Cohen Syndrome and Weight Gain: What the Association Might Imply about the Cause of Obesity

Cohen syndrome is a genetic disorder associated with problems on the eighth chromosome. It appears to predispose for "non progressive psychomotor retardation, motor clumsiness and typical facial features," as well as for a "tendency to truncular obesity."[1]

Obesity is a common side effect of this genetic disorder, as the authors of this paper tell us:

[Cohen Syndrome] is a rare genetic disorder caused by autosomal recessive inheritance and characterized by... [features such as] mental retardation... narrow and high arched palate... poor dentition... and truncal obesity."

How could a genetic disorder predispose people to gain weight in the abdomen? And how might this observation relate to the general debate over what constitutes a healthy diet?

As we've discussed, two fundamental hypotheses compete to explain what drives overweight and obesity.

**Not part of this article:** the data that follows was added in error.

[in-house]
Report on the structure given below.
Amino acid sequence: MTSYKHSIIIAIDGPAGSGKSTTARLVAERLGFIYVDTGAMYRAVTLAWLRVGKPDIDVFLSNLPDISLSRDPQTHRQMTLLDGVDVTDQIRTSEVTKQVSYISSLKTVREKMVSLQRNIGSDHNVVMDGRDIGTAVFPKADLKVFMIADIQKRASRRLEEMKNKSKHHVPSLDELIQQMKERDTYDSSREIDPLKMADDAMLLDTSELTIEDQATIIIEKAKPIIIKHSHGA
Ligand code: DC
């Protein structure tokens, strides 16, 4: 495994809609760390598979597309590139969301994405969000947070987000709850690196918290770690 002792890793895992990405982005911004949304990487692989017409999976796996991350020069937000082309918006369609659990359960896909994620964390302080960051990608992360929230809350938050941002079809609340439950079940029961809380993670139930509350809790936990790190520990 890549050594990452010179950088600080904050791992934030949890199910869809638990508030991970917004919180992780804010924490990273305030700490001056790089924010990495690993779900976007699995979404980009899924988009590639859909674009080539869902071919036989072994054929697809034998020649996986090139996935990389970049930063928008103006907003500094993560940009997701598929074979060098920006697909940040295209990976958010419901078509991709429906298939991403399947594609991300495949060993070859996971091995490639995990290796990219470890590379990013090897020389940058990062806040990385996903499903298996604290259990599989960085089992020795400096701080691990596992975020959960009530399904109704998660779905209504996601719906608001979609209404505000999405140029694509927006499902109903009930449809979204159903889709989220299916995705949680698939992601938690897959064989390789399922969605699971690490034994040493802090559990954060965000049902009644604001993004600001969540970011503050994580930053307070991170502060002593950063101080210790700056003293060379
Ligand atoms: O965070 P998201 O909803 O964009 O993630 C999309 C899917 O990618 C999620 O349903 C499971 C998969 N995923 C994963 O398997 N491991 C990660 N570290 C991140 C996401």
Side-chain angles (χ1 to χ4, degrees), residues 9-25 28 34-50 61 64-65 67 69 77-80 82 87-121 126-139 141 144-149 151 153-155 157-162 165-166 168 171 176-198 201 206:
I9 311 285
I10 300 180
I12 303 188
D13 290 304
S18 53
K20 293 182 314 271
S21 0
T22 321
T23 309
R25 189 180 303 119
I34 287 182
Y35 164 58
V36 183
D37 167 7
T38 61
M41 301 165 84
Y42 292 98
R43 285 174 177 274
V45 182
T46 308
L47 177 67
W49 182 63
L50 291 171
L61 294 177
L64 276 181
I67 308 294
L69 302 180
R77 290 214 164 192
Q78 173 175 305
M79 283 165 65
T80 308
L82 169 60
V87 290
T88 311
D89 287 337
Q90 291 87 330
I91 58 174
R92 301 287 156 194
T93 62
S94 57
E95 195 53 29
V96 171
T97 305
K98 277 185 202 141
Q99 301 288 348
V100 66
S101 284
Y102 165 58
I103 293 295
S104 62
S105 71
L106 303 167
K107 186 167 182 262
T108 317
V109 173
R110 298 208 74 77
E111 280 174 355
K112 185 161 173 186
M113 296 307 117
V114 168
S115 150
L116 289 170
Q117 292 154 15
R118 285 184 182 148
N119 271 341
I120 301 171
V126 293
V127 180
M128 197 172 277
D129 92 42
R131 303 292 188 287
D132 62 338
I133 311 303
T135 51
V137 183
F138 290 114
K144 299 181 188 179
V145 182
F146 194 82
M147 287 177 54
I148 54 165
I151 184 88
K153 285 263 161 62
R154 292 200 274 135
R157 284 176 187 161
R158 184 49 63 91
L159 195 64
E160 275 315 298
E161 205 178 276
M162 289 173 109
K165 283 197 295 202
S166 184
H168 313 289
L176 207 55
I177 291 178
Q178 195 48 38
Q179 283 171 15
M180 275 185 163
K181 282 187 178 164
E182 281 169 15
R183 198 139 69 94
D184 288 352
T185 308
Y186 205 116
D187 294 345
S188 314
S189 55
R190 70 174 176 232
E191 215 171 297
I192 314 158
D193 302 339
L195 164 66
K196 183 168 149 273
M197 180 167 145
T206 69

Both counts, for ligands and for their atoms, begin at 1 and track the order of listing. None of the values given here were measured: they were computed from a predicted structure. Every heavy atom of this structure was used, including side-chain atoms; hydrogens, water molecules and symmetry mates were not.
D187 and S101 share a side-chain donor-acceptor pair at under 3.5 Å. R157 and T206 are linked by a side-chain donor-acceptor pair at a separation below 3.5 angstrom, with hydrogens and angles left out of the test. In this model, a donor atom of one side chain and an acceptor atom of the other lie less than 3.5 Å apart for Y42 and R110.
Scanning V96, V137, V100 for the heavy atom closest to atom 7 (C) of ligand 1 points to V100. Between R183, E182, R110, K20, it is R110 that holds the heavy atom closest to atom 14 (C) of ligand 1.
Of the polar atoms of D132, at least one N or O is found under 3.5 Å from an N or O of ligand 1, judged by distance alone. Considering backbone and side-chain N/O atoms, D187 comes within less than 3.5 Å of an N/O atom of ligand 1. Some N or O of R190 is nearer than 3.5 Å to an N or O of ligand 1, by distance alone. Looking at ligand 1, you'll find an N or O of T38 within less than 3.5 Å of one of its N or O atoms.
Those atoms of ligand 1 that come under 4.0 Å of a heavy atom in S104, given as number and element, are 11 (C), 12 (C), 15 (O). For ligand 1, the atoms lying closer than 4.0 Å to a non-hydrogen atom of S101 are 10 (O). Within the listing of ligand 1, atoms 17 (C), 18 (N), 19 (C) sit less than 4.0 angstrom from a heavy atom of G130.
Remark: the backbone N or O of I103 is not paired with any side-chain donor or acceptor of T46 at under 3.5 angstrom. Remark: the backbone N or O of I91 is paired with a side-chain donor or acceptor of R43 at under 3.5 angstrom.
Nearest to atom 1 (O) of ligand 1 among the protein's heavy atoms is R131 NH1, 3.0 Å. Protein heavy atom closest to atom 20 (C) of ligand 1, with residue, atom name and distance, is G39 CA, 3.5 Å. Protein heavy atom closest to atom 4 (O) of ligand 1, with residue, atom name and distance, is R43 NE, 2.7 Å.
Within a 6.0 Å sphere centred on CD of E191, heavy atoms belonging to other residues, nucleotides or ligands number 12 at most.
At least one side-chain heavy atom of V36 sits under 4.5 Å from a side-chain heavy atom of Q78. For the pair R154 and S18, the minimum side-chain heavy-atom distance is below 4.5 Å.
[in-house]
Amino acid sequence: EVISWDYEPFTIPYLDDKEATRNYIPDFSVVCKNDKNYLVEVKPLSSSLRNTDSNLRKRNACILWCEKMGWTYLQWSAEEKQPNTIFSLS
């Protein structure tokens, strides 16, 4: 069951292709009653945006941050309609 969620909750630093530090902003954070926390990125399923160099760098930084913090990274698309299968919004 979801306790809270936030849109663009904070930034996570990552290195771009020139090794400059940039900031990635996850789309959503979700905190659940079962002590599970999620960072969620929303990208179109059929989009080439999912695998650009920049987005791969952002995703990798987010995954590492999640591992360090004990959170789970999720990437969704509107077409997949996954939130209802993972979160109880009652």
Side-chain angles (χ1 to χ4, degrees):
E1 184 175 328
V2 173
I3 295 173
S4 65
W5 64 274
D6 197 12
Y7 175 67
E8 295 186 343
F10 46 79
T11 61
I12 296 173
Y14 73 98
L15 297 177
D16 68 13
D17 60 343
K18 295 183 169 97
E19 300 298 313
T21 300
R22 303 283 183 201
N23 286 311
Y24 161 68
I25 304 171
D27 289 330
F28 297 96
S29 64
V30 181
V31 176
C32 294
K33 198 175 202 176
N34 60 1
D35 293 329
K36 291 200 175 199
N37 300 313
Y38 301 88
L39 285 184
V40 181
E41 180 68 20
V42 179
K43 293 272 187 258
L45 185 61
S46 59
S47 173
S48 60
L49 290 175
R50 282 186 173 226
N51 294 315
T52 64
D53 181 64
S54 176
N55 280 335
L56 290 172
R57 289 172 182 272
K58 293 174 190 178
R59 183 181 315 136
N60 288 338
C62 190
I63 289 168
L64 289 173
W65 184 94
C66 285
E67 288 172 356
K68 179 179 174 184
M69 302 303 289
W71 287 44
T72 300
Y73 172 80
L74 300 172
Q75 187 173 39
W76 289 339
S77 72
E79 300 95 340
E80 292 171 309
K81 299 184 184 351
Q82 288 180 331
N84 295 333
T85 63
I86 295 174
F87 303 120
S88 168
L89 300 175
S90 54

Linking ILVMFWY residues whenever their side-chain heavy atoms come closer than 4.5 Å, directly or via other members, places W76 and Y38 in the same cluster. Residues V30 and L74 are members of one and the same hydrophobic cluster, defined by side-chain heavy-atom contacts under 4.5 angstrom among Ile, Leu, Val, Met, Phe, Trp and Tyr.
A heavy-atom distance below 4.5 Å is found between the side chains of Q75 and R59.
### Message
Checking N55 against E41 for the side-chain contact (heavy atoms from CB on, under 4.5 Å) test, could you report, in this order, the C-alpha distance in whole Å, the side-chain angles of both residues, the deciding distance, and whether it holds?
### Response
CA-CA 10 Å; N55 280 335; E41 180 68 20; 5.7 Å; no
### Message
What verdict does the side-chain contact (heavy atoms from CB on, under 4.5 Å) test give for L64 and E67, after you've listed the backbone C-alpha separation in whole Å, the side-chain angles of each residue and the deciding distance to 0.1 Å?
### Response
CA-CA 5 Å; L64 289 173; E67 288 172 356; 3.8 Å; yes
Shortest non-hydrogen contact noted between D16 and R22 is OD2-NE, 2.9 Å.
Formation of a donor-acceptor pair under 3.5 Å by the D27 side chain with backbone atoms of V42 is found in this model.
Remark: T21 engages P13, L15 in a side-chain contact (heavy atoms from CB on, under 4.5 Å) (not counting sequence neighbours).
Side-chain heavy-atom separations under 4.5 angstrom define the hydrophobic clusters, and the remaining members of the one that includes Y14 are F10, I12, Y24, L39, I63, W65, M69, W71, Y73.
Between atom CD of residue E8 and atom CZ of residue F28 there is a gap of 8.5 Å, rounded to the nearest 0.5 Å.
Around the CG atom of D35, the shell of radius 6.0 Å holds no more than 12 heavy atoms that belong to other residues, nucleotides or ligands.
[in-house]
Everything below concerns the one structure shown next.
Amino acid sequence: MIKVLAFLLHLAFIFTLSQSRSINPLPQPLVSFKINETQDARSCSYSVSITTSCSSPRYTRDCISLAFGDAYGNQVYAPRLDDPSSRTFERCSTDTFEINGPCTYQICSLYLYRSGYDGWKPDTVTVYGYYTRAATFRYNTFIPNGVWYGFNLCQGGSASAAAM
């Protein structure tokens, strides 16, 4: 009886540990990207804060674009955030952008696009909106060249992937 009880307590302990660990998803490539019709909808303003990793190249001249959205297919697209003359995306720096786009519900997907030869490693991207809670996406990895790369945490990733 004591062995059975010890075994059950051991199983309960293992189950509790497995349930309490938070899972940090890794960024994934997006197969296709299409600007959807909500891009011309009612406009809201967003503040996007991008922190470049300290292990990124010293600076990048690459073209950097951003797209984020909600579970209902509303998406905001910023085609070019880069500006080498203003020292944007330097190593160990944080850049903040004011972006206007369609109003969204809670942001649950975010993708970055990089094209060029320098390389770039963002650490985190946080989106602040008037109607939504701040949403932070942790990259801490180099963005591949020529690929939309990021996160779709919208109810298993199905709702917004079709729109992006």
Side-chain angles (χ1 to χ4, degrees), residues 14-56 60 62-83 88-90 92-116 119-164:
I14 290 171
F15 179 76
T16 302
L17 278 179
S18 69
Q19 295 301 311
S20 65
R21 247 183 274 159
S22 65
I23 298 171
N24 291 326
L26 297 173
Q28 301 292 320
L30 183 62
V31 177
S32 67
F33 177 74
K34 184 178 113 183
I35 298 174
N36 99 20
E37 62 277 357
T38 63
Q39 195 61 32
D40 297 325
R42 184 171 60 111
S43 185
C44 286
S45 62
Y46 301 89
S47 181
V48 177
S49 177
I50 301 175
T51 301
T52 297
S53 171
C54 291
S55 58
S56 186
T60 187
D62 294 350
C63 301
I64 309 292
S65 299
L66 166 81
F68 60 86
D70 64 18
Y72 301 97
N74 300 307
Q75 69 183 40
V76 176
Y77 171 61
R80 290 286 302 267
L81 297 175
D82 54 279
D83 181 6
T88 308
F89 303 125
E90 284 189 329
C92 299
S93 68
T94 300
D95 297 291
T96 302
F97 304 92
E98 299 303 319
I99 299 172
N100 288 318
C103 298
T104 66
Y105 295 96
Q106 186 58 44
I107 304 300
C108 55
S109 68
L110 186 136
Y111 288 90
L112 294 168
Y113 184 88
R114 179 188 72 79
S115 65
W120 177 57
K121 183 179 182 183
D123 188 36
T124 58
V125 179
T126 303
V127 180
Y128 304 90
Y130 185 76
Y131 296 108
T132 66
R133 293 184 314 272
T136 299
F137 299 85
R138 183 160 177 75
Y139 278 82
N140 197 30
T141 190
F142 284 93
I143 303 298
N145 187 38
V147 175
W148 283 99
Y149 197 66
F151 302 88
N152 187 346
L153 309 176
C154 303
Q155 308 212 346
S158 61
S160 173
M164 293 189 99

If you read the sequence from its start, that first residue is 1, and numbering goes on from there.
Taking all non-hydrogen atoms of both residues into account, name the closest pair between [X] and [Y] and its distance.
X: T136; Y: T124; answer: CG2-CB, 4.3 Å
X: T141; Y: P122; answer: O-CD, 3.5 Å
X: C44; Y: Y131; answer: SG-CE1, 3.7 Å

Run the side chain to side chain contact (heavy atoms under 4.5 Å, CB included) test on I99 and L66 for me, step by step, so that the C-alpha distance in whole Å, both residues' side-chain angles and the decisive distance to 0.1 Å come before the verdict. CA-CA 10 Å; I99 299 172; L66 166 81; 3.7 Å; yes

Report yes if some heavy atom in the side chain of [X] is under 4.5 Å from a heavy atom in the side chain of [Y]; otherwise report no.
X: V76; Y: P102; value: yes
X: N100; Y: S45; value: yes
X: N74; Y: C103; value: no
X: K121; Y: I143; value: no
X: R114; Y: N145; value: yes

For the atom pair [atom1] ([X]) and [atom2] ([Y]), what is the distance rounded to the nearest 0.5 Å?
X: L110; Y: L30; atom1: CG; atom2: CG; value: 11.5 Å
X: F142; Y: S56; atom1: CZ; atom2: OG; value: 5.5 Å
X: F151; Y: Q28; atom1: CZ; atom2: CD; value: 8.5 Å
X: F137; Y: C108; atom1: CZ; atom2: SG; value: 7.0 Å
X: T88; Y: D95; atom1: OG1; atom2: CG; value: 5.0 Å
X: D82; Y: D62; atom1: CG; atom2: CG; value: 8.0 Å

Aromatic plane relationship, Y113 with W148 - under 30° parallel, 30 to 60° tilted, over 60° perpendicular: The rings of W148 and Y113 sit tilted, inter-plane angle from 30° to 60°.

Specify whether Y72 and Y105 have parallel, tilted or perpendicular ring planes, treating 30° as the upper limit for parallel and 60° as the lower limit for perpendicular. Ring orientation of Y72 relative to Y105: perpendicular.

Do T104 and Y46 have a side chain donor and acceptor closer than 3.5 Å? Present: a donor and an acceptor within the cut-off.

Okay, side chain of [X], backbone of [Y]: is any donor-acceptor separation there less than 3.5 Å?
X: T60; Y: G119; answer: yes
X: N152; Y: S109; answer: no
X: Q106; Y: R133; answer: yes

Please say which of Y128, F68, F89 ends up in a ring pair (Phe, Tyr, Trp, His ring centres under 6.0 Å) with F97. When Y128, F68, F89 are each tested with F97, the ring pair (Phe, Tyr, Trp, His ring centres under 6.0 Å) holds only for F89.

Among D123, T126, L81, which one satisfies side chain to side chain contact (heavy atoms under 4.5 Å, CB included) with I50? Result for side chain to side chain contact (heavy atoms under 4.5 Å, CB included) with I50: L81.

The prevailing Caloric Balance Hypothesis -- the notion that "calories matter" -- mandates that people with this disorder can only gain weight by eating too much or not exercising enough.

The alternative Lipophilia Hypothesis -- the notion that the fat tissue "works for itself" -- tells us the genetic disorder likely deranges the metabolism of the fat tissue itself.

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References


1. Li Meng, MD MPH, Joseph J. Quinlan, MD, and Erin Sullivan, MD. The Anesthetic Management of a Patient with Cohen Syndrome Anesth Analg 2004;99:697-698 © 2004 International Anesthesia Research Society.

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